Concord's resident security expert Scott Ammon shares his tips for the wisest use of your dollars.
The Cloud Security Myth
There’s this persistent myth around the cloud that it’s less expensive to secure, but the truth is your cost will largely depend on the amount of control and visibility you desire. When you move data into a cloud service offering, you gain access to a “one-size-fits-all” solution. In some cases, that might do the trick, but in most mature organizations you need to determine how much control you’re willing to give up. You can have full control and transparency if you’re willing to spend the money.
In fact, there are a lot of reasons why security getsmoreexpensive when you move to the cloud. There’s less ability to monitor and manage your data or even really understand where it’s located. Your data can be all over the world, which increases privacy and compliance risk, if not executed properly. It all comes down to total cost of ownership – if you’re willing to invest in security up front and take the time to design it properly, you’ll be better off in the long-term.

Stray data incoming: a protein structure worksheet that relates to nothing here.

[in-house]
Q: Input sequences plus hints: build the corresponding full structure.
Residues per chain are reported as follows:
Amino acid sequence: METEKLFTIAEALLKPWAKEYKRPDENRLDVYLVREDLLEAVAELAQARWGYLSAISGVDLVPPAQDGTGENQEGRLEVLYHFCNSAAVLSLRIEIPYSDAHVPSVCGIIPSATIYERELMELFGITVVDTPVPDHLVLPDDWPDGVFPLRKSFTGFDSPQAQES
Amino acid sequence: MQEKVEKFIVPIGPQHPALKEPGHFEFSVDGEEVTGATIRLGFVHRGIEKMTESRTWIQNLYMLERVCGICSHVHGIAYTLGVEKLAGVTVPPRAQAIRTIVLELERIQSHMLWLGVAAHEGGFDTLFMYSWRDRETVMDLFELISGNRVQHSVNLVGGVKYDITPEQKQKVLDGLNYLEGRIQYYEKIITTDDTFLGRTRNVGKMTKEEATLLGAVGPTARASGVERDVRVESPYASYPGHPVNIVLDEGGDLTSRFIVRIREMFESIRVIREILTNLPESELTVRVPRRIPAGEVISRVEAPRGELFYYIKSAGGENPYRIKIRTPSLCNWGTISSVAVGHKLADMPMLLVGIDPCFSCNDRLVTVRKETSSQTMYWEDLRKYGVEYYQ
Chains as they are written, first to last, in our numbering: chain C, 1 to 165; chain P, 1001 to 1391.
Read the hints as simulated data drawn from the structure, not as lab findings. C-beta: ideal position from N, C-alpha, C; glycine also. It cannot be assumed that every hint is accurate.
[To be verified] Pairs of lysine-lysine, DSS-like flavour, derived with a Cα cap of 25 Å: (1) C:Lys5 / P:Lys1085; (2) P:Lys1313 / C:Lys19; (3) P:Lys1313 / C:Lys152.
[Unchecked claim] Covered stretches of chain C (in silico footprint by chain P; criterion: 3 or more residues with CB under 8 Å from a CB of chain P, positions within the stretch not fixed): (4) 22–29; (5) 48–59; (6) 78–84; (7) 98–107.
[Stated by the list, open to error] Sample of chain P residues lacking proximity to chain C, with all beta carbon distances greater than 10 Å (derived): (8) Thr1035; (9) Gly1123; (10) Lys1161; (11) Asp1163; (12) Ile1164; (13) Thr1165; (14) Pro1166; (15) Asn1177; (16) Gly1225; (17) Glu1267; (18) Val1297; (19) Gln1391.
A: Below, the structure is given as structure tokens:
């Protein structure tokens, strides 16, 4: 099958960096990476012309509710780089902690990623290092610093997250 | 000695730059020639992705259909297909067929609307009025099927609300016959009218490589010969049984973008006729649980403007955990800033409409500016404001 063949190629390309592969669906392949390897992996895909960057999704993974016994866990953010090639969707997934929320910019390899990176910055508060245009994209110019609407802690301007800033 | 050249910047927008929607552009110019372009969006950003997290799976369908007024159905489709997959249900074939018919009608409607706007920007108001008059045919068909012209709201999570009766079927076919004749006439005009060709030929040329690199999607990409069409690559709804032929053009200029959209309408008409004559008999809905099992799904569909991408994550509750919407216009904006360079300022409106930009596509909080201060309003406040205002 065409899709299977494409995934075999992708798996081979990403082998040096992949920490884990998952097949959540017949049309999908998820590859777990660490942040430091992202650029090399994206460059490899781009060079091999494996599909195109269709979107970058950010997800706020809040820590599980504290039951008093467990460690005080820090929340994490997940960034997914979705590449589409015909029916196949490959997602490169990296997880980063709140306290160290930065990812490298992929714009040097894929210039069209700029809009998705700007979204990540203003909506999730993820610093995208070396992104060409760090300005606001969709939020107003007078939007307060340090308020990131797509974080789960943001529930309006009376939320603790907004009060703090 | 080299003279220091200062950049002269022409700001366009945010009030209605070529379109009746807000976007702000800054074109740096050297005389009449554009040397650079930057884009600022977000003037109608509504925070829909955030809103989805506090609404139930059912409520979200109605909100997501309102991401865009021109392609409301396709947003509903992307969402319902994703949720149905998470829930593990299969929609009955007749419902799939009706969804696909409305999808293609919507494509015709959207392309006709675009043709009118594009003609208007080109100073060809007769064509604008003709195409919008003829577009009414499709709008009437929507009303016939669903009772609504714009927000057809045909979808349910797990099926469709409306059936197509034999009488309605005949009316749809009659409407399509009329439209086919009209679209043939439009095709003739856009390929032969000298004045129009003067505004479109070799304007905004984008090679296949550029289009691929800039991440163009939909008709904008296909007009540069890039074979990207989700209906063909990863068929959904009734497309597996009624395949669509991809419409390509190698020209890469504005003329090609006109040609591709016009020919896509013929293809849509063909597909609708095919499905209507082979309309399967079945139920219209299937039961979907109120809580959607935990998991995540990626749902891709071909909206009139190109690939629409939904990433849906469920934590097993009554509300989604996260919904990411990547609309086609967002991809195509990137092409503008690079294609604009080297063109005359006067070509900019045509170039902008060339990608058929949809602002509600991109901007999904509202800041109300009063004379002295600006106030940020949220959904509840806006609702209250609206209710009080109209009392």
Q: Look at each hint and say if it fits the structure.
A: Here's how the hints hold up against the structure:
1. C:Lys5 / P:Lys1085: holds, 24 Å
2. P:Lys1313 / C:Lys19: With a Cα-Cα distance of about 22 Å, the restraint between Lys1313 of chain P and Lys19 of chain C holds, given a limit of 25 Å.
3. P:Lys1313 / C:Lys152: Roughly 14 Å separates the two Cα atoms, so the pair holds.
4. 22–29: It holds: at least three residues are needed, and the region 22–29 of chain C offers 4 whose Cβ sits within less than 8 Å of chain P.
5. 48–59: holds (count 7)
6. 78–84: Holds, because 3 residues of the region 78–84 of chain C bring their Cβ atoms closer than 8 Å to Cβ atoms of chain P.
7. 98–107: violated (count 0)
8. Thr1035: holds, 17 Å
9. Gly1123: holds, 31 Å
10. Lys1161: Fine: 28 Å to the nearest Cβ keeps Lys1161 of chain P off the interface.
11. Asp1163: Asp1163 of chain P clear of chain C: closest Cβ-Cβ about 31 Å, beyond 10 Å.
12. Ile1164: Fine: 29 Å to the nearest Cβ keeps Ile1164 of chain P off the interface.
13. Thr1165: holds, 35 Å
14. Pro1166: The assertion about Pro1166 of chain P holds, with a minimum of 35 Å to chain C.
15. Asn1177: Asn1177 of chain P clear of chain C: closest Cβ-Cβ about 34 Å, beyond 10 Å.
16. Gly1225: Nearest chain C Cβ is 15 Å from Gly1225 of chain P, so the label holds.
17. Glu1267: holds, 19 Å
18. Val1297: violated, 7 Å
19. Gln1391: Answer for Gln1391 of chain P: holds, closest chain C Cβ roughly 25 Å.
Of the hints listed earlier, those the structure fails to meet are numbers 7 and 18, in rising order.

The current maturity level of your organization’s security program will dictate your cloud security maturity. A lot of people think that by moving to the cloud they can improve their overall security maturity, because it’s a new environment and you get a “fresh start.” The problem is, if you are starting out with a low maturity security program, you’ll have the same problems in a cloud environment – or worse yet – you’ll have two separate security profiles, which is more complex and expensive to manage.
Boiling the Ocean
You can never control the threats, but you can minimize your exposure to those threats by having integrated design teams create your cloud environment and developing both a transition plan and a long-term run plan. The pain of moving to a new environment is real. A transition plan will help you through that process, knowing it’s not the top level maturity security you need long-term. Once you’ve made the leap, you can upgrade from the bare minimum and start implementing on the long-term plan. The most important advice I can give is to work in stages – don’t try to boil the ocean, but take small steps to get towards your ultimate security program goals.